Worldish breaking communication barriers in health and social care
When Abhishek Jacob and Naveen Sasidharan moved to Sweden from India for their masters program at Linköping University, the two realized they had challenges integrating themselves in the country. One of those obstacles was dealing with language barriers.
It’s why Jacob and Sasidharan launched Worldish in early 2015. The company develops a tool aimed at helping doctors and patients break those communication barriers with each other.
“Worldish is a coined name, it’s something that belongs to the world, something that is for the world,” CEO and Co-Founder Abhishek Jacob said. “It could also be seen as a language that unites people; English, Swedish, Worldish.”
Their tool, Helen, is a communication assistant and conversation engine with more than 60 languages using text, video and audio technology. Jacob says the tool is named after the American author and activist Helen Keller, because in spite of her barriers, she was still able to communicate and inspire millions of people through her books and speeches.
Helen Keller lost her sight and hearing when she was 19 months old, and went on to become the first deafblind person to earn a Bachelor of Arts degree.
The company’s main niches are the healthcare and social care industries, but they’re planning to expand to the education and training markets. Worldish has a team of 14 people with a subsidy in India tackling a lot of the company’s development work.
“Now we are on the way of growing internationally, scaling internationally, and hiring international talents as well,” Jacob said. “The team is growing and right now our biggest customers are in Sweden.”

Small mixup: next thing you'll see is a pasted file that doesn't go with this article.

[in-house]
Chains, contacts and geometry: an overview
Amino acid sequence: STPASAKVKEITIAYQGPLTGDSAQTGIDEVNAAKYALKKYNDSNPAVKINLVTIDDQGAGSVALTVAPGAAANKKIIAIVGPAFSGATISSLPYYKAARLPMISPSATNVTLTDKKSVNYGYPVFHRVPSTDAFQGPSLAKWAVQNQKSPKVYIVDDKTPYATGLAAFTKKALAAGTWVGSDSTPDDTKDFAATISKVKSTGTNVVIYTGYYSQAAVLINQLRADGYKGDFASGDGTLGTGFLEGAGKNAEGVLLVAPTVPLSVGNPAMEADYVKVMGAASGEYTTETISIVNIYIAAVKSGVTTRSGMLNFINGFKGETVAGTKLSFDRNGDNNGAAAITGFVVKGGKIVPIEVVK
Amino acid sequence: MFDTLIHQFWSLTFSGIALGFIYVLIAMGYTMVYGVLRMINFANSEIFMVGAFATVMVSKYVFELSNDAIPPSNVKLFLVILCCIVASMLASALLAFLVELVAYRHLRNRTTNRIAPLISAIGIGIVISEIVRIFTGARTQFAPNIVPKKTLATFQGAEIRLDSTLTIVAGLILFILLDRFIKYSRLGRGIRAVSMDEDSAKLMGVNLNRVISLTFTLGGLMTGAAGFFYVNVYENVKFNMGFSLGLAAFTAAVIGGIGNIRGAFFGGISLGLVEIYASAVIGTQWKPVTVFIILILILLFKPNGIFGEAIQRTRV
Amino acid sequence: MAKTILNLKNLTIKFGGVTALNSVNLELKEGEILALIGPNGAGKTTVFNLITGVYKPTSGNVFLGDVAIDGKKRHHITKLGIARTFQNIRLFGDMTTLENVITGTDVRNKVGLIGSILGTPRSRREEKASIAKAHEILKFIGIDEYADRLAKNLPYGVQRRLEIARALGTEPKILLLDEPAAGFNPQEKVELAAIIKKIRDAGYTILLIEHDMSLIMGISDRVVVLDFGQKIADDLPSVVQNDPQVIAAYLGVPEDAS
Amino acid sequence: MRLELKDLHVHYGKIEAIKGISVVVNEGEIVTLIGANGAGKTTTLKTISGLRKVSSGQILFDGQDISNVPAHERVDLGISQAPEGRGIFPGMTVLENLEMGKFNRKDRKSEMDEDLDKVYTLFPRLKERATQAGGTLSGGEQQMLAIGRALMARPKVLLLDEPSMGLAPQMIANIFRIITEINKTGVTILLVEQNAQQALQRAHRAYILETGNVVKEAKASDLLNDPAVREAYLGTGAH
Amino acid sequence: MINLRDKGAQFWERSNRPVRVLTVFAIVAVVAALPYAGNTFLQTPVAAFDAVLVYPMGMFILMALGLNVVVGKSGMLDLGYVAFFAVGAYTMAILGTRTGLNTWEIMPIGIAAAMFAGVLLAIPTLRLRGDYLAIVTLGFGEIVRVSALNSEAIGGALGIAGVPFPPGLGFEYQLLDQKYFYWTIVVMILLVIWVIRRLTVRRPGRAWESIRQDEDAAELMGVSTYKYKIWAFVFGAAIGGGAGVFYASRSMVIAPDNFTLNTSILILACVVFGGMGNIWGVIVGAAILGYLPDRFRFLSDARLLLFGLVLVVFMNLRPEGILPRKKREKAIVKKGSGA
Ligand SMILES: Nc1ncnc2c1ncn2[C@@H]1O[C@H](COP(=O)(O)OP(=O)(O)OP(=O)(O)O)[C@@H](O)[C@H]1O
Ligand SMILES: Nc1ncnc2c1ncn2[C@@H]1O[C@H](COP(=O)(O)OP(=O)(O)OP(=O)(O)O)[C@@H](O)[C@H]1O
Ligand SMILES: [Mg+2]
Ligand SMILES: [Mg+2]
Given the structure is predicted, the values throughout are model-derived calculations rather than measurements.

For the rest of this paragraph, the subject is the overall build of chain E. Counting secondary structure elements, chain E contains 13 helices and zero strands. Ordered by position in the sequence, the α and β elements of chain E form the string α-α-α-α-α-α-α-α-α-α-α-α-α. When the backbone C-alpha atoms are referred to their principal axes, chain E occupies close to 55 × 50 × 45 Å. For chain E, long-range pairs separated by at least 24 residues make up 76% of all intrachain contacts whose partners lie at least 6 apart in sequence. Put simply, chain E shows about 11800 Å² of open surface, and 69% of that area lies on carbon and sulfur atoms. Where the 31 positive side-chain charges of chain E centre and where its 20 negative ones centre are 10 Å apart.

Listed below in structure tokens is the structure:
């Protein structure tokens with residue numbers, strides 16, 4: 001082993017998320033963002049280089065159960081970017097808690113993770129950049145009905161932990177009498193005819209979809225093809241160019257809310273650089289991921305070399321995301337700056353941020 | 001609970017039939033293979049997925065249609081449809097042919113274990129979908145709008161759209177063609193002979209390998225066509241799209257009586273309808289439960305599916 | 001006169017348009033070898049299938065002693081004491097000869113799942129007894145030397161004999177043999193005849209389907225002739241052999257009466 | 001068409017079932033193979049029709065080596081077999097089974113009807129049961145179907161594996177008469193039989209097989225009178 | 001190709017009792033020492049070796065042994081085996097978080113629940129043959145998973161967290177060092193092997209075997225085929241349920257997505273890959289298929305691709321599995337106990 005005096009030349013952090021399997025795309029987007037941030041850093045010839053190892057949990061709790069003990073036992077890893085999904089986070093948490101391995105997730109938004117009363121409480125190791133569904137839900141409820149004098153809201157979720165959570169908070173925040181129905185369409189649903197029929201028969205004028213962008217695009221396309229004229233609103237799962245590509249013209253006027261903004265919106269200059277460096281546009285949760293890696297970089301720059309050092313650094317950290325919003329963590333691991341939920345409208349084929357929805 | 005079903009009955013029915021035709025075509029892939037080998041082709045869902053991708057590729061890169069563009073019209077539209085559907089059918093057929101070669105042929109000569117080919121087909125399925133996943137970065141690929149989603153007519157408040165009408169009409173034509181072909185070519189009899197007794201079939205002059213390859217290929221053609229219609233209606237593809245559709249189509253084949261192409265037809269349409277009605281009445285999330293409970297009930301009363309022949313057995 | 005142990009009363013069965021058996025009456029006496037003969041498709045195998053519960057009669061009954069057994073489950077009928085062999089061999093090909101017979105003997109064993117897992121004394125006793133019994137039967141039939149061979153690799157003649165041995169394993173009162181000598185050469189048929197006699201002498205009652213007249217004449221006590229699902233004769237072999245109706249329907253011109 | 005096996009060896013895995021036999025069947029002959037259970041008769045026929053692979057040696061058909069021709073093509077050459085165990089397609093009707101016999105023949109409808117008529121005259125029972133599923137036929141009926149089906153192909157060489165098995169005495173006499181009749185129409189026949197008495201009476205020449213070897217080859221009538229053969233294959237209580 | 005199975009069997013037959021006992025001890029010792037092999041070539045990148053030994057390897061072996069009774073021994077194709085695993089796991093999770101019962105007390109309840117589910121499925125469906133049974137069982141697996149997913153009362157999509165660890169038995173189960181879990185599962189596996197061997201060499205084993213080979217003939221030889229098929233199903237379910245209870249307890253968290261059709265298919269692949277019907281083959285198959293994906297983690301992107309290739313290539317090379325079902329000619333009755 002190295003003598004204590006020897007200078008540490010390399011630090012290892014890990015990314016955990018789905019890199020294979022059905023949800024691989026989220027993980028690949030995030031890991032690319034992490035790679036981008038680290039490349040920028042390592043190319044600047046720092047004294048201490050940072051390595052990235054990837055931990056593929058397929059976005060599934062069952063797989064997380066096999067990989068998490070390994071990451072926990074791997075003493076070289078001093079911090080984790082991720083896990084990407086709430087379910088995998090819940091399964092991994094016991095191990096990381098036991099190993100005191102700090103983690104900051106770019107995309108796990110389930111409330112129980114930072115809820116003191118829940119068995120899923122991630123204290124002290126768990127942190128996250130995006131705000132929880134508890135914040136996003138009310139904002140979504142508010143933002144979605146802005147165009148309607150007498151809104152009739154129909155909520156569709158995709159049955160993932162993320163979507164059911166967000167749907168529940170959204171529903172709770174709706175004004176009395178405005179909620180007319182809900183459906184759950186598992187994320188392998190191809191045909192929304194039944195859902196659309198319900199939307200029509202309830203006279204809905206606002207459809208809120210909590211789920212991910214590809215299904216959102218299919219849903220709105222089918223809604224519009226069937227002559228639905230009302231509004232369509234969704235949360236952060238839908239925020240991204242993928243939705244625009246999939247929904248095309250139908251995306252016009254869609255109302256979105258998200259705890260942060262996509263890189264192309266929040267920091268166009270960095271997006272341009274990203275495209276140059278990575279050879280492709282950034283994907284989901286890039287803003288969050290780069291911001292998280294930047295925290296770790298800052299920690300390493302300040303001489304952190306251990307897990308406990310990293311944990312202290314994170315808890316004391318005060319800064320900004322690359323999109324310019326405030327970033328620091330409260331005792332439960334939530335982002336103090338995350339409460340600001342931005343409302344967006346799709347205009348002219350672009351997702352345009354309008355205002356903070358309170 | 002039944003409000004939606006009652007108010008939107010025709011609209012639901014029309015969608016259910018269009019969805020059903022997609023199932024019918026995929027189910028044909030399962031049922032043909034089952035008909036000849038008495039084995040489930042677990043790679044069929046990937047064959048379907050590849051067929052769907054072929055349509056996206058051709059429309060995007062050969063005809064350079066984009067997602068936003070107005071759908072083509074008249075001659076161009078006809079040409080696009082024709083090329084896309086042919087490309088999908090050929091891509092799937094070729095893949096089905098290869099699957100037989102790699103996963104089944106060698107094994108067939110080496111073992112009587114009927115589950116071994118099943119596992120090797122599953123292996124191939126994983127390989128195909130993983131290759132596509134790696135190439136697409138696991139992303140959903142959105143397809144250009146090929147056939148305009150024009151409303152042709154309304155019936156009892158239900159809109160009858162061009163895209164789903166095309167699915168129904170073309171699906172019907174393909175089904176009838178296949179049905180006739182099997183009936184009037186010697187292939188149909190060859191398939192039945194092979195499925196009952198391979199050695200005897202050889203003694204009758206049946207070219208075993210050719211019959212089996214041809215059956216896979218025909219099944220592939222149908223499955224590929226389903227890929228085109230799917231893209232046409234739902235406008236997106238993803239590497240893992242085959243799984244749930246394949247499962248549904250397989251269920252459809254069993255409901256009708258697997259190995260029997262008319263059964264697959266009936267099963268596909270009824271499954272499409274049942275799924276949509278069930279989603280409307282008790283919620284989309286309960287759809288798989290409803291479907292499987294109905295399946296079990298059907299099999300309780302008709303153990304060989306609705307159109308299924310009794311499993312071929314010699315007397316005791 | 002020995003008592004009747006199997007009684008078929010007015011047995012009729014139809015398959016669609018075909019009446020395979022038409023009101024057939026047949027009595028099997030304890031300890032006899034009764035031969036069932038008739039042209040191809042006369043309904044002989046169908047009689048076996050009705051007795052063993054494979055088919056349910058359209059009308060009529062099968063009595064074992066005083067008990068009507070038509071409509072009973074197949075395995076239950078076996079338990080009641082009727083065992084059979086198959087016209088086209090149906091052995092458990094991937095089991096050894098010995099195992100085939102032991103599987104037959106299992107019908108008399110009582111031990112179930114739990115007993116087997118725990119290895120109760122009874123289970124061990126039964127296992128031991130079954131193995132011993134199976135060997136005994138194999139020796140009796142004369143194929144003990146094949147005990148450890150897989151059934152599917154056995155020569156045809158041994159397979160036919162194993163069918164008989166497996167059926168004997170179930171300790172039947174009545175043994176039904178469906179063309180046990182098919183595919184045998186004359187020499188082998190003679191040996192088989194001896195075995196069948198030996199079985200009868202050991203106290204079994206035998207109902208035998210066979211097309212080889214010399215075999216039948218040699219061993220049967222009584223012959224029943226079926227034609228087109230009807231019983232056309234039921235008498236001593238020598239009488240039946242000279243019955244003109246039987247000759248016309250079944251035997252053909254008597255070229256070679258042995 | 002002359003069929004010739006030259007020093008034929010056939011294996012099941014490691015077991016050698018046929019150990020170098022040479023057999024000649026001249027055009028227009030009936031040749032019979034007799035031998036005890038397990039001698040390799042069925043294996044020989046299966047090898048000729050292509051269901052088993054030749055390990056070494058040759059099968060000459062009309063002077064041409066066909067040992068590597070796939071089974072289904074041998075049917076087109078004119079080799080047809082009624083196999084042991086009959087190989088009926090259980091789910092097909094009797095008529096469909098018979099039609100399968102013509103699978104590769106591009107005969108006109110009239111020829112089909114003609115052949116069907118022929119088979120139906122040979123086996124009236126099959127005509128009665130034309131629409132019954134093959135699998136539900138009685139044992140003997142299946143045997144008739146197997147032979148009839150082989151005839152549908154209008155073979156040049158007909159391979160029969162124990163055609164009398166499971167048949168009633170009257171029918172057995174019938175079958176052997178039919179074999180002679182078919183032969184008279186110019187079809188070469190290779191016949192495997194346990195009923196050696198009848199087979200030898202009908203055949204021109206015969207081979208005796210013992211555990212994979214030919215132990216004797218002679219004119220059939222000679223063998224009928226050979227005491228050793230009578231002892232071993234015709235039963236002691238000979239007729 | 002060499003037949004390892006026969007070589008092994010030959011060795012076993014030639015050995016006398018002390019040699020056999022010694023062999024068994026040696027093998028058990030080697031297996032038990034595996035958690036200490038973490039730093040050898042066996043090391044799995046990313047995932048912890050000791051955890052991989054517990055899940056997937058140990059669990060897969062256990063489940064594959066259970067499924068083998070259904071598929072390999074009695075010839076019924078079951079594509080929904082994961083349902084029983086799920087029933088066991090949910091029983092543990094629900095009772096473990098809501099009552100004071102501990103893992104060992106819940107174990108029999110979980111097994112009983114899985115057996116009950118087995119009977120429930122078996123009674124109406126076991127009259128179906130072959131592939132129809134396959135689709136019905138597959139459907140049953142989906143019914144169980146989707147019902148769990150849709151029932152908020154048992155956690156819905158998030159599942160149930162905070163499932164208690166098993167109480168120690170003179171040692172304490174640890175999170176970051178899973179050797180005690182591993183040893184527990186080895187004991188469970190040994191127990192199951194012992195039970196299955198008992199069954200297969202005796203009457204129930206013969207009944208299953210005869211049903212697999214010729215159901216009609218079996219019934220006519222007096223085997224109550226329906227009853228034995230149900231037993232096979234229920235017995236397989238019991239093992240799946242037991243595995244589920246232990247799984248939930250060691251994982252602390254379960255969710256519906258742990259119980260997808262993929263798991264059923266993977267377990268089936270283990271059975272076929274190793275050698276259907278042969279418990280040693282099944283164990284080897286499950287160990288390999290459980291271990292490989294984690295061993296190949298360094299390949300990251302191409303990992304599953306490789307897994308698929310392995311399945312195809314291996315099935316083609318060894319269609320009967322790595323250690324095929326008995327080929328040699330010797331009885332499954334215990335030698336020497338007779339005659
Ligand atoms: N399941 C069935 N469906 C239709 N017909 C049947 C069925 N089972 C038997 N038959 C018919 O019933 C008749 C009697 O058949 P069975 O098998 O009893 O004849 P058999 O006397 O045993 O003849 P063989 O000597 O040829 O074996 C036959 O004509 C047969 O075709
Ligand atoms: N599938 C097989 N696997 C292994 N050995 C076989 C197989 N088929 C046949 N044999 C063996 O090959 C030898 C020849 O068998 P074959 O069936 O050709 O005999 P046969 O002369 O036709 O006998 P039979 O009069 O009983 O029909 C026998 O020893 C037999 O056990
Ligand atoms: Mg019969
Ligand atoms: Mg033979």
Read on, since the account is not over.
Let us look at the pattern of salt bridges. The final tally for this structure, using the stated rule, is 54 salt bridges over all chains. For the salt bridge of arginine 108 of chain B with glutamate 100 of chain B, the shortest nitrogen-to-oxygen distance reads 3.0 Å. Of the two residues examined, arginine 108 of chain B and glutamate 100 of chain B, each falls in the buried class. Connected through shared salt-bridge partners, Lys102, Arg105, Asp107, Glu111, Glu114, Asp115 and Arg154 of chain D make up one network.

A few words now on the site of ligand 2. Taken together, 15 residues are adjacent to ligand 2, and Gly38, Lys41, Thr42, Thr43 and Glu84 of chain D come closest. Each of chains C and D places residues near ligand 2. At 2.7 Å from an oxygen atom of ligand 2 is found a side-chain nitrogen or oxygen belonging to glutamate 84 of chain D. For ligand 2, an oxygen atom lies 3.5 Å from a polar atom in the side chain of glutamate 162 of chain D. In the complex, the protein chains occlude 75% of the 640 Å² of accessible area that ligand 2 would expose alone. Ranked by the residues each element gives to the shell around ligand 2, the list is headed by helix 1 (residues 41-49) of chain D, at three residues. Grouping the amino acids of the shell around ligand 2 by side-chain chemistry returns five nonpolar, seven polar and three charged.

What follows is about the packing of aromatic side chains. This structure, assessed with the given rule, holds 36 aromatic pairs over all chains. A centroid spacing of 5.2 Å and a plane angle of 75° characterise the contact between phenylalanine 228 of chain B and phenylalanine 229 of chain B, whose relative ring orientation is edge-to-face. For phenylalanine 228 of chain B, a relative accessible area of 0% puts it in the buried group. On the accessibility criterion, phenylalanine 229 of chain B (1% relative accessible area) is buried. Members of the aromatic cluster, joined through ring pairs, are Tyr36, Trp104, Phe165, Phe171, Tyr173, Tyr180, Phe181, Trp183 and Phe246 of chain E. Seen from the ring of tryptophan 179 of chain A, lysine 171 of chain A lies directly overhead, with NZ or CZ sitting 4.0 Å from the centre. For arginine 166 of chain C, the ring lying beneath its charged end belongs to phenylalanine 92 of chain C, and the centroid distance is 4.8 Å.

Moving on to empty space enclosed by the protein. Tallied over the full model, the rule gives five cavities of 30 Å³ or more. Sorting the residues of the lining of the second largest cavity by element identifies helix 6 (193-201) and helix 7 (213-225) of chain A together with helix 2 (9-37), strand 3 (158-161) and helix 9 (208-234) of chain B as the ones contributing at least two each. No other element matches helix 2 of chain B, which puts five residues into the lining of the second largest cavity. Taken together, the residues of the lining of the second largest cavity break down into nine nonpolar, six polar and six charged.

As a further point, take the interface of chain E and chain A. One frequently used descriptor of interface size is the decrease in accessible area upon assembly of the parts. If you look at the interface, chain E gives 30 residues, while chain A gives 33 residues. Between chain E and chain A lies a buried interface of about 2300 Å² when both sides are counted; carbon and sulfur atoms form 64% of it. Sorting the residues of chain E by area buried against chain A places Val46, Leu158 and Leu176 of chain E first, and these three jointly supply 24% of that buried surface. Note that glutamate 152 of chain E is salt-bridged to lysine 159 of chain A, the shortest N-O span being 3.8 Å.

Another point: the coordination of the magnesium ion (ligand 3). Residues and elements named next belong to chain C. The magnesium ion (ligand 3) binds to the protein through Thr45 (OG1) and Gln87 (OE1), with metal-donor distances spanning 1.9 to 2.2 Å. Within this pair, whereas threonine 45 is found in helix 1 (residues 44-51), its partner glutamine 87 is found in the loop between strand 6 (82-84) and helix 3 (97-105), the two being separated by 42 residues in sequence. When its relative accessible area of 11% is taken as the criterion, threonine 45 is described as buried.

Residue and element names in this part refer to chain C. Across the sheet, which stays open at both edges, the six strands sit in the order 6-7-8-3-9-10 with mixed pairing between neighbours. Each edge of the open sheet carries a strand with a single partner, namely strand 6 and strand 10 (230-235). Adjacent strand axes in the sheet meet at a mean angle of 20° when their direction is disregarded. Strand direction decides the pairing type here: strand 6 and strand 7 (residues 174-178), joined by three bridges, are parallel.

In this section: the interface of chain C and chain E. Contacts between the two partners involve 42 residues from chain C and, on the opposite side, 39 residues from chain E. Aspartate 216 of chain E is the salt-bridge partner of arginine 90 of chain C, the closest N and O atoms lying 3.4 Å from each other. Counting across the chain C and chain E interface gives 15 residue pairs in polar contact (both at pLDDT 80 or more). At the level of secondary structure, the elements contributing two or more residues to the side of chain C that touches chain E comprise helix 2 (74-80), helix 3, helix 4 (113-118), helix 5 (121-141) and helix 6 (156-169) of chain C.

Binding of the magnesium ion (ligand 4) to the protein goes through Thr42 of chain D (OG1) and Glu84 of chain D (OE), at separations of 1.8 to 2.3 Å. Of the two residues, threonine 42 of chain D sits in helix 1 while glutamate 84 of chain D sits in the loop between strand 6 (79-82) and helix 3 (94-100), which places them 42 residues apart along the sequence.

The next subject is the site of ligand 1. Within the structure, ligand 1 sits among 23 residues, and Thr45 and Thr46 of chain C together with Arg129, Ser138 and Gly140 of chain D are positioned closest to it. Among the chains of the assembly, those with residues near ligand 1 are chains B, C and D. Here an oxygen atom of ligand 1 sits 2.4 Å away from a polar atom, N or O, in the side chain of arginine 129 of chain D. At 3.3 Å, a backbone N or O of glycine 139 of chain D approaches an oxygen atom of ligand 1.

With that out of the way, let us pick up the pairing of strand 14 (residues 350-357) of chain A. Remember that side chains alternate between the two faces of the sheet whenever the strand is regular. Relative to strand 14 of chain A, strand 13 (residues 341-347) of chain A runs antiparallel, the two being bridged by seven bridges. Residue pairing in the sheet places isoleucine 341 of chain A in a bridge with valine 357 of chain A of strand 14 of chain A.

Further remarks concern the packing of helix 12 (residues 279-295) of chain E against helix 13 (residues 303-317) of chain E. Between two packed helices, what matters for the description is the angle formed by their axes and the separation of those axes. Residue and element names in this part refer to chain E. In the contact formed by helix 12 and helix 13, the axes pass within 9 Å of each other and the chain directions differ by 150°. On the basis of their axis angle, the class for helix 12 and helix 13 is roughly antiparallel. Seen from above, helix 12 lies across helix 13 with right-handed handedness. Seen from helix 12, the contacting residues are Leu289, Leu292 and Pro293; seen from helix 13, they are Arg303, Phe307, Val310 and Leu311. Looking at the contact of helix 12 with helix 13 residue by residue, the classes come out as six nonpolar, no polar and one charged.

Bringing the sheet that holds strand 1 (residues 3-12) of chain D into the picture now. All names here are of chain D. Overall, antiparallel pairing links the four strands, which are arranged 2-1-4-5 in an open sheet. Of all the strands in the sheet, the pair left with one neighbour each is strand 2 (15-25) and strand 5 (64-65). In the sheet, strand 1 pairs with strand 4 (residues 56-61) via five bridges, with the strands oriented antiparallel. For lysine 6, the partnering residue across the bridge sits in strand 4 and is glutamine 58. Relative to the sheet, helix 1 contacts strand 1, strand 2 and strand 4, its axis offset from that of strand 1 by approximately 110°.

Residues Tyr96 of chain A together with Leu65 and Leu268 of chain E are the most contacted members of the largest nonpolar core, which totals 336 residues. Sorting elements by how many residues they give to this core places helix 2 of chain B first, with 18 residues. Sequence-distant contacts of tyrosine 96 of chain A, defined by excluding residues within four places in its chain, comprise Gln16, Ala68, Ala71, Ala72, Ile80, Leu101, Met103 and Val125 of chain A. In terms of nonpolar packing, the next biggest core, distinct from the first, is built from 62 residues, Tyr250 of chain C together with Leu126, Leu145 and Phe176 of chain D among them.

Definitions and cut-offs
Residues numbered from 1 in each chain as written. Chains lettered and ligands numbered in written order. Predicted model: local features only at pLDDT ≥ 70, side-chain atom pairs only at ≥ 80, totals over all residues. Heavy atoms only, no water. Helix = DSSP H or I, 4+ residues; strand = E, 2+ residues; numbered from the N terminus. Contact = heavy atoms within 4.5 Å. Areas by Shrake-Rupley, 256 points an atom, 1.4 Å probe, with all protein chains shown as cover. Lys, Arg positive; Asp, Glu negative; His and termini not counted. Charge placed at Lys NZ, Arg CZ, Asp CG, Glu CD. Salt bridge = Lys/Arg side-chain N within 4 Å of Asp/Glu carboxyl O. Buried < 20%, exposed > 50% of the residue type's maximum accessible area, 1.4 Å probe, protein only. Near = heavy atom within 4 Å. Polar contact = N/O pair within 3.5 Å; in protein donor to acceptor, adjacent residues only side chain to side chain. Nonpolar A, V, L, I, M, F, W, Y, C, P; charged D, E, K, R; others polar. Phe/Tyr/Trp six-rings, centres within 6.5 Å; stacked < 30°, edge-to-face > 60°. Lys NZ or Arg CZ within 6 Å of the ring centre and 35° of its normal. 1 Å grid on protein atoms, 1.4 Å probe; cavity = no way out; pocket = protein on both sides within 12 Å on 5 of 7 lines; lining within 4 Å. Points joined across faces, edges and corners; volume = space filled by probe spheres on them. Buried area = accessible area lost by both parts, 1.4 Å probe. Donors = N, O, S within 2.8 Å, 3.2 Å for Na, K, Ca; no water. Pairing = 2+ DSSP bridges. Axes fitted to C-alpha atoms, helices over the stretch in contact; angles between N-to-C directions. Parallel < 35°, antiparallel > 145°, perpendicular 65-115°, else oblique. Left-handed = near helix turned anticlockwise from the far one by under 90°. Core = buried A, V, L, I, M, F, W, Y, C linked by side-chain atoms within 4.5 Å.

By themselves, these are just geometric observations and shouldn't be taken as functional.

“We want to be market leaders in about five countries in the next five years”
Jacob says they just got their first international customer in the Netherlands this month, and says they’ve seen a lot of interest from countries like France, the United Kingdom, and in the Middle East.
The team is also working on constantly improving the technology behind Helen. Jacob hopes within the next few years that the tool will be more like a conversational AI. He says there’s a lot happening within the machine learning and voice recognition fields to help facilitate those improvements.
“What we’re really building is an engine that can help people have more efficient dialogues and more efficient training,” Jacob said. “Helen will be like a Siri for healthcare, or for care that helps clinicians choose the right questions and phrases in the dialogues with patients, so they can focus on the decision-making.”
Researchers say language barriers in healthcare leads to lower satisfaction and quality of healthcare and patient safety. Research also shows using translation services increases the satisfaction of both medical providers and patients and improves the quality of healthcare delivery and patient safety.
Jacob says their goal is to help everyone have 24/7 access to the highest quality of healthcare possible.
“We started Worldish with a vision that we want to build an equal world where everybody has equal access to information and services,” Jacob said.
He says Helen is also used by Swedish doctors to make diagnoses simple and clear for their Swedish-speaking patients.
“We hear from our clinicians that even with Swedish patients it’s not easy to explain medical terms and conditions in a simple way,” Jacob said. “So they’re using Helen to explain their thinking in a more pedagogic way.”
Worldish is actively looking for investments to ramp up their operation in Sweden and internationally. The startup was among several finalist companies to pitch in front of a live audience for Techarenan Challenge at Almedalen.
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